You can have the best website content in the world for your particular area of expertise, but if you don’t tell people about it then it will sit in splendid isolation, unread and unloved. But how to get it out there? Here’s my guide to letting people know about your blog.
You do have a blog, right?
My last article was about getting your site noticed, which was all about demystifying the grey area known as Search Engine Optimisation (SEO). One of the recommendations to ensuring your site stays fresh, and thus attractive to the search engines, is to have an integrated blog. It’s something I put into every site I build.
If you don’t have a blog then the rest of this article doesn’t make much sense. Believe me its worth every penny you spend on building one, and every hour you spend creating content.
The 4 ways of pushing content out
There are 4 main ways of getting your content out to potential readers. Let’s have a look at each in turn.
Really Simple Syndication is, essentially, a stripped down feed of your blog, and is normally represented by the icon on the right. Go on, click it. It’s ‘live’ but it won’t hurt. Just remember to come back here after you have a look.
What you’ll have seen will vary depending on your browser, but in most cases it’s not particularly user-friendly. RSS comes into its own, though, if you read a feed using an RSS Reader. This can come in the form of stand-alone software (e.g. Sharpreader), part of a mail reader (e.g. Thunderbird) or a web-based service (e.g. Google Reader). An RSS reader will format the feed in a more readable way, and allow you to group many feeds together. Consider it the equivalent of a newspaper or magazine.
The new kid on the block, Twitter has been used pretty much from its inception to publicise new blog posts. Given the severe restriction in the number of characters you can have in a tweet (i.e. a mere 140), it is almost invariably used in conjunction with a URL shortening service, such as bit.ly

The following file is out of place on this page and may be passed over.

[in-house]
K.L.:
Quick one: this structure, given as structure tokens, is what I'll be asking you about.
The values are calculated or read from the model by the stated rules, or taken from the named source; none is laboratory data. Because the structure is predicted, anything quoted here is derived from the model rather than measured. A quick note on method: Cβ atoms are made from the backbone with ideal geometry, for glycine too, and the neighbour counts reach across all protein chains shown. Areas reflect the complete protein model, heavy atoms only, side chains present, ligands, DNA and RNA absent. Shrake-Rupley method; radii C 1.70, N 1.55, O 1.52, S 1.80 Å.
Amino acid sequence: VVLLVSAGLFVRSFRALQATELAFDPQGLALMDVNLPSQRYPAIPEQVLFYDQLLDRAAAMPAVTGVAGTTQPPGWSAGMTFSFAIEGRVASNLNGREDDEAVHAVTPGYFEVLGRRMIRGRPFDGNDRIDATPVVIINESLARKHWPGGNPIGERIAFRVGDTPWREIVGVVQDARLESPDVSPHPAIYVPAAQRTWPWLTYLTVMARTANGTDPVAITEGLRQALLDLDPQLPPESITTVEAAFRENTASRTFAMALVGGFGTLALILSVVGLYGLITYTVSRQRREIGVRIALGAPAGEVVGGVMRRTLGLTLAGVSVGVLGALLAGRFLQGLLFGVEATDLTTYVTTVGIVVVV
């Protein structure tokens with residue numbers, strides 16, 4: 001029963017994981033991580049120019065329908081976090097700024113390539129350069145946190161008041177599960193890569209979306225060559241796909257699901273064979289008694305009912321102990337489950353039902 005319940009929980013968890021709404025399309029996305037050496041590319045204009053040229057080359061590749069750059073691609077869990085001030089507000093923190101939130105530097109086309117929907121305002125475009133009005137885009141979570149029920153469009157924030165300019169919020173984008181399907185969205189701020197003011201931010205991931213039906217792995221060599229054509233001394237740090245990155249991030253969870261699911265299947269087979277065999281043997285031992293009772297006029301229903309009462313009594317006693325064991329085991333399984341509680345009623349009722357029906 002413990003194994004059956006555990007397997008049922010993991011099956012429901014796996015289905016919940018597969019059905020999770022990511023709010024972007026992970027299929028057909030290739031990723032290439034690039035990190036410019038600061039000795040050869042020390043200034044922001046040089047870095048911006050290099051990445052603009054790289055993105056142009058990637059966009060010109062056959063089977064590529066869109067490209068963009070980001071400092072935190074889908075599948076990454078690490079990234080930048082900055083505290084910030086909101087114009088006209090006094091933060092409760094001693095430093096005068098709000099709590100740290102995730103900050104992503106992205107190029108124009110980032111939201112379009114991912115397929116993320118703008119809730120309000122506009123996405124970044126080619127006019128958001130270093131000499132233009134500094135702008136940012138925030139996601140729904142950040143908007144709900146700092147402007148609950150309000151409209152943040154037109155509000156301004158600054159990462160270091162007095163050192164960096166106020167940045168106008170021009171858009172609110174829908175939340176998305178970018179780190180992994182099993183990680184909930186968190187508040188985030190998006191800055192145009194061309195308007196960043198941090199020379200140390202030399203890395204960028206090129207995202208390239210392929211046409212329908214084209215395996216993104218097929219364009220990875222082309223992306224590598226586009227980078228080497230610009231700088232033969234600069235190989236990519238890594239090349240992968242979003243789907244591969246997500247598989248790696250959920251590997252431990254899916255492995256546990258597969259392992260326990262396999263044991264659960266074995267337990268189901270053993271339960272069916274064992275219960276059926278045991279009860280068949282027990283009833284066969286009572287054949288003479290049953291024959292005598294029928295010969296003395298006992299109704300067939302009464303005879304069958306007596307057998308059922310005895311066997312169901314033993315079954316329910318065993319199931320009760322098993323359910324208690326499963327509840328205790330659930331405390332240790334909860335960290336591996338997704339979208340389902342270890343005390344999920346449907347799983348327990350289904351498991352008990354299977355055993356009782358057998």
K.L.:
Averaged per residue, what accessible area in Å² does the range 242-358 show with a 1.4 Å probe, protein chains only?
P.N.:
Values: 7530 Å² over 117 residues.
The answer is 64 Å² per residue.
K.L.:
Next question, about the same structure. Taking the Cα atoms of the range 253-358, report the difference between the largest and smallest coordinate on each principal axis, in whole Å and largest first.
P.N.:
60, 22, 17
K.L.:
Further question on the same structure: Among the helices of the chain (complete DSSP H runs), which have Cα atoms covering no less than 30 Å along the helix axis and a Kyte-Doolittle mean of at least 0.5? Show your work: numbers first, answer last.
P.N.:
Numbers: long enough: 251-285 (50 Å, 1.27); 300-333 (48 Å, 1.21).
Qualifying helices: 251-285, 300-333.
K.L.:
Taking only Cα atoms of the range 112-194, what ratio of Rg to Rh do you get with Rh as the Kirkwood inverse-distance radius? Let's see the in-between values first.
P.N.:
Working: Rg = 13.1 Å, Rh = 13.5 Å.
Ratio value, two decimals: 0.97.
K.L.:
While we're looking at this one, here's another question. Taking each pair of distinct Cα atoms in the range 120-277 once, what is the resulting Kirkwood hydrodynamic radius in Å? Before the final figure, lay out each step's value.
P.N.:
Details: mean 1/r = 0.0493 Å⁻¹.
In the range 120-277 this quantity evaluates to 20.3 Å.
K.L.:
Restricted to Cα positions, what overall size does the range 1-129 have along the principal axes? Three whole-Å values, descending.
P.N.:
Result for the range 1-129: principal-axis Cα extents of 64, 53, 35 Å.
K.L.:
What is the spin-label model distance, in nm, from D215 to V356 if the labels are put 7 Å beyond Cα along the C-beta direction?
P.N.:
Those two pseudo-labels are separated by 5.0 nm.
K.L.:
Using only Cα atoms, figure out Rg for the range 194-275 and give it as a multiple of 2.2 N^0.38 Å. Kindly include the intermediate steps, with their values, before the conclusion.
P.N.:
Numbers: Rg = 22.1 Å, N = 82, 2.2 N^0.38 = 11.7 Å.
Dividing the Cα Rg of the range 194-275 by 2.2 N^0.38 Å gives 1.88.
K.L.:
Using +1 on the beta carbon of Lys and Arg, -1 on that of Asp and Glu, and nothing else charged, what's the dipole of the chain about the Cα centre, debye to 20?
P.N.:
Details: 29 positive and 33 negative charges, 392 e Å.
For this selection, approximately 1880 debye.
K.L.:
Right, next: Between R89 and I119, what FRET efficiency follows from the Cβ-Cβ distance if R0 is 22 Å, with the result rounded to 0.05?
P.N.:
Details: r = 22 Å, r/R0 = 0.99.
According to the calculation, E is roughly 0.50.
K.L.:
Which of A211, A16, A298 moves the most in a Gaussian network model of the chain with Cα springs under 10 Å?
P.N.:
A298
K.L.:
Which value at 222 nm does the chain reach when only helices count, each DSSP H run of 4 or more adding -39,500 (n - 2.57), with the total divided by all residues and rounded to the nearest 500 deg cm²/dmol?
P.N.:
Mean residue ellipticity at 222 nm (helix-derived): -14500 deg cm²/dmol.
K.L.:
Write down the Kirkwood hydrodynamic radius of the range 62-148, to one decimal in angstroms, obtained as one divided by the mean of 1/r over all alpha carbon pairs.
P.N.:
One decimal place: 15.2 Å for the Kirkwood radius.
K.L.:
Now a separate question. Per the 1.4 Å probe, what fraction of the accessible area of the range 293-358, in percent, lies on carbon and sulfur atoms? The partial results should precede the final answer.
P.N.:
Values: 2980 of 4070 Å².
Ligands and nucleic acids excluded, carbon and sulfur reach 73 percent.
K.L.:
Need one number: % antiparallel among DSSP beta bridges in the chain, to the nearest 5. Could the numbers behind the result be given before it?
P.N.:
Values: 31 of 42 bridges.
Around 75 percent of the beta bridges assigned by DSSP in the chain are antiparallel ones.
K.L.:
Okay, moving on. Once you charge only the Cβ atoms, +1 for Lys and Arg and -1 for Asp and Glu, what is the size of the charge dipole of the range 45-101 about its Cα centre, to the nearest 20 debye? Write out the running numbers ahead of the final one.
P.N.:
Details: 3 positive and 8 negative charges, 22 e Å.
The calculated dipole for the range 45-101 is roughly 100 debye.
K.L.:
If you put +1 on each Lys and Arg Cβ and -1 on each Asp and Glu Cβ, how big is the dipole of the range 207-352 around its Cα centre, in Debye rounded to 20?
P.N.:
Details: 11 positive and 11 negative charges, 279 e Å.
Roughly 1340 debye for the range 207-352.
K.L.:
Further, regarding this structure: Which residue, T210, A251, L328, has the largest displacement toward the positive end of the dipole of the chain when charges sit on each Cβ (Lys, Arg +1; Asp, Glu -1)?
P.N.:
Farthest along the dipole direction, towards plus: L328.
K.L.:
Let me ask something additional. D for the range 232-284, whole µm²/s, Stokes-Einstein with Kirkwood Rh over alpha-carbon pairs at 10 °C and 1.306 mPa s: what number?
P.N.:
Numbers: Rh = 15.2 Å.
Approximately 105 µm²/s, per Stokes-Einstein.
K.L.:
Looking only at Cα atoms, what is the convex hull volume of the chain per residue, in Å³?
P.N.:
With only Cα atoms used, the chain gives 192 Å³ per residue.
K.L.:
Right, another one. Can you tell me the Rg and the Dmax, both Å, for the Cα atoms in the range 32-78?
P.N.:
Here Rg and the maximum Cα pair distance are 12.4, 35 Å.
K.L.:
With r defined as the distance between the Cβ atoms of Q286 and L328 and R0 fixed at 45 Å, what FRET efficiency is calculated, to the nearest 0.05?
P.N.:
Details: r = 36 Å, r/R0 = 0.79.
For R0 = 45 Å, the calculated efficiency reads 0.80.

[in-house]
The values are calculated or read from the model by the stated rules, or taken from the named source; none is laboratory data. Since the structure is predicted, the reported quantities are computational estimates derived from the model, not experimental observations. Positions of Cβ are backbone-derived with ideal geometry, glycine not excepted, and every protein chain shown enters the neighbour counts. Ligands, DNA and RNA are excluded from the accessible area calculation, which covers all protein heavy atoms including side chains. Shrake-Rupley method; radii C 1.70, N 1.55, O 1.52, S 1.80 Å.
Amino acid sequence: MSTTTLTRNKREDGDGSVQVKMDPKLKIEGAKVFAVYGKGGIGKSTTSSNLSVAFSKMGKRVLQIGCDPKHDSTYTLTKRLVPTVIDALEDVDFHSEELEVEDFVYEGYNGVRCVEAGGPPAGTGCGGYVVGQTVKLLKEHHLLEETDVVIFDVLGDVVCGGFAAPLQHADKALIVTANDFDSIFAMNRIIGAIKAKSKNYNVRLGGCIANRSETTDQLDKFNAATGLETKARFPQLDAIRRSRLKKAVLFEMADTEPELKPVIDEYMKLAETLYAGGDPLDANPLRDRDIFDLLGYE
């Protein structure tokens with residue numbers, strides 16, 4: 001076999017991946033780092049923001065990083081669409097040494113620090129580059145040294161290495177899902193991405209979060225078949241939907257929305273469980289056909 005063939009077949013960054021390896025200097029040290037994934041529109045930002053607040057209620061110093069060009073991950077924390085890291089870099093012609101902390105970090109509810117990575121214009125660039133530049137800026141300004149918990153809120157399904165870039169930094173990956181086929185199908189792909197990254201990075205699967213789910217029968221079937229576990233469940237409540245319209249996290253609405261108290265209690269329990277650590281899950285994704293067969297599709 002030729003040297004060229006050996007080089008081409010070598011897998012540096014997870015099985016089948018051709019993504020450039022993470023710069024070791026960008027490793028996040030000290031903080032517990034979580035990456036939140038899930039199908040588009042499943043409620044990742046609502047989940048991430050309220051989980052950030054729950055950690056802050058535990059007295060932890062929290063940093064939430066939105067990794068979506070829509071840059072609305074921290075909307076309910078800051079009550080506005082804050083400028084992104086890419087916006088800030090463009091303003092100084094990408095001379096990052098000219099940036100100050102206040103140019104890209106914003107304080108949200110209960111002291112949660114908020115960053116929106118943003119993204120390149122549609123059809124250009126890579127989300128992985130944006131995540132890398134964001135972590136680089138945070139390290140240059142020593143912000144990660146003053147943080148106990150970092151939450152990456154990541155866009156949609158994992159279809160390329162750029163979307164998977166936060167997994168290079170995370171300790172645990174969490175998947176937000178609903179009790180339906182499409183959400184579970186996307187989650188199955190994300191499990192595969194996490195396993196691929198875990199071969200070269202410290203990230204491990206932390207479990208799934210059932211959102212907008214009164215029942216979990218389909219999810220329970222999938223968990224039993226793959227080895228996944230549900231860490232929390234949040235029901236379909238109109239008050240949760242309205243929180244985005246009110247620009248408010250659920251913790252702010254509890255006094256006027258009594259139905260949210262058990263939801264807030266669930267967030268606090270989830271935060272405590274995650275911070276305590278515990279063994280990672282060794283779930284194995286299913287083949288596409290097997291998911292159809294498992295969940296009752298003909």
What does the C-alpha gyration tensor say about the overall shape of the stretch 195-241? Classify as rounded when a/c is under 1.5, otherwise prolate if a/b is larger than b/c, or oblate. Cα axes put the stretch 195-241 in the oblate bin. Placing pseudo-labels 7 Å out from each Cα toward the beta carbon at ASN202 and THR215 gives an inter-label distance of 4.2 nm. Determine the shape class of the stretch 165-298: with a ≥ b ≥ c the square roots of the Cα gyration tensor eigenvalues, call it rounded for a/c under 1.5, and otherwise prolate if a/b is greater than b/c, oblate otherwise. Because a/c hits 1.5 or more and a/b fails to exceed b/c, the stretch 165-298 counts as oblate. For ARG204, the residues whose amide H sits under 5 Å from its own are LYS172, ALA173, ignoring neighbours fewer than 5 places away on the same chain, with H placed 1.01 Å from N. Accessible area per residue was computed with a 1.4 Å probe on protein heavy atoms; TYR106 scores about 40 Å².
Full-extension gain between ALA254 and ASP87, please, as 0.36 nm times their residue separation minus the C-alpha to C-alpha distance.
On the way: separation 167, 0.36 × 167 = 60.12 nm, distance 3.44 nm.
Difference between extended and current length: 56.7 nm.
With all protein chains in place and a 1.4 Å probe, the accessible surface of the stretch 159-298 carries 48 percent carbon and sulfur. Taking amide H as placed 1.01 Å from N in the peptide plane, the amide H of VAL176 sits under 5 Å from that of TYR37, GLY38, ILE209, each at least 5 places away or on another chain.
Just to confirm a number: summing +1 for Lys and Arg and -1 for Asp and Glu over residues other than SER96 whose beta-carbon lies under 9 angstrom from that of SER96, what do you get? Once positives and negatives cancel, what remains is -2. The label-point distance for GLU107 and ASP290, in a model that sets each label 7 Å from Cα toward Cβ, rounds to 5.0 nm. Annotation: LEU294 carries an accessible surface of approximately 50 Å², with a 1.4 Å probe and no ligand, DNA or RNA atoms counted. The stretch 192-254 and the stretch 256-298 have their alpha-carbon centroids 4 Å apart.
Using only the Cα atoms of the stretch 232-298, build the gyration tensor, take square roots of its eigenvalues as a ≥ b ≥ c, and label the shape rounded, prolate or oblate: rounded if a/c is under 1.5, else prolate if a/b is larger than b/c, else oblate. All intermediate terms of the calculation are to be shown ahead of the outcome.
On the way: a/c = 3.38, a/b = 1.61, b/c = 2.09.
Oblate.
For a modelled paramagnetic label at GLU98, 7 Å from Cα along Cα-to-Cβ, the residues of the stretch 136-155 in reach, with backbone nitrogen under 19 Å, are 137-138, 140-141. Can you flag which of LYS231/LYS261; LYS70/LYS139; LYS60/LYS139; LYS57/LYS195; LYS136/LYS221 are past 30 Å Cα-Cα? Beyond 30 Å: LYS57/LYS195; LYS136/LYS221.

The really powerful feature of twitter, though, is the ‘re-tweet’ function. If one of your followers finds the blog post useful or interesting, then it can be re-tweeted to their followers. Once a post has been re-tweeted once, its not unusual for it to be re-tweeted lots, potentially reaching a huge audience.
Email – Automatic
Many, many people still prefer to receive their blog updates by email, and there are a couple of ways of achieving this. For an automatic summary of blog posts, emailed directly to subscribers, many bloggers use an online service called Feedburner. It actually has many more features than a simple email digest, but that’s probably its most popular use.
Feedburner does have its limitations, though. For instance, you are limited to daily summaries only (not weekly or any other interval) and you can’t tailor the subject line to reflect the content. But for many bloggers its a great way to start building a list of email subscribers.
Email – Manual
If you’ve outgrown Feedburner, perhaps you need more control over the look and feel of your summary email, or you want to tailor different emails to different subsets of your subscribers, then you need to look at constructing your own email newsletter.
This could be a whole blog post of its own (in fact, it probably will be!), but essentially it’s not dissimilar to creating a standard email in your mail client and sending it to a lot of addresses. However, I strongly recommend that, if you want to gain any benefit from running an email newsletter, you sign up to a commercial service like MailChimp, Constant Contact or Aweber. I recommend MailChimp to clients as its very wizard-driven and pretty easy to pick up.
Why do this? Partly because they have tools for creating professional looking emails, partly because they can help you manage you mailing list effectively (including the all-important automatic unsubscribe), but mainly because you can get lots of lovely data on the number of emails opener, the links that were clicked on, and so on.
Go do it!
I will certainly come back to these topics in more detail in future, so keep an eye out for them. The best advice I can give for now is to get stuck in. The more people read you blog, the more they’ll find out about your skills and the value you can bring to them. And now you know how to reach out to as big an audience as possible. Good luck!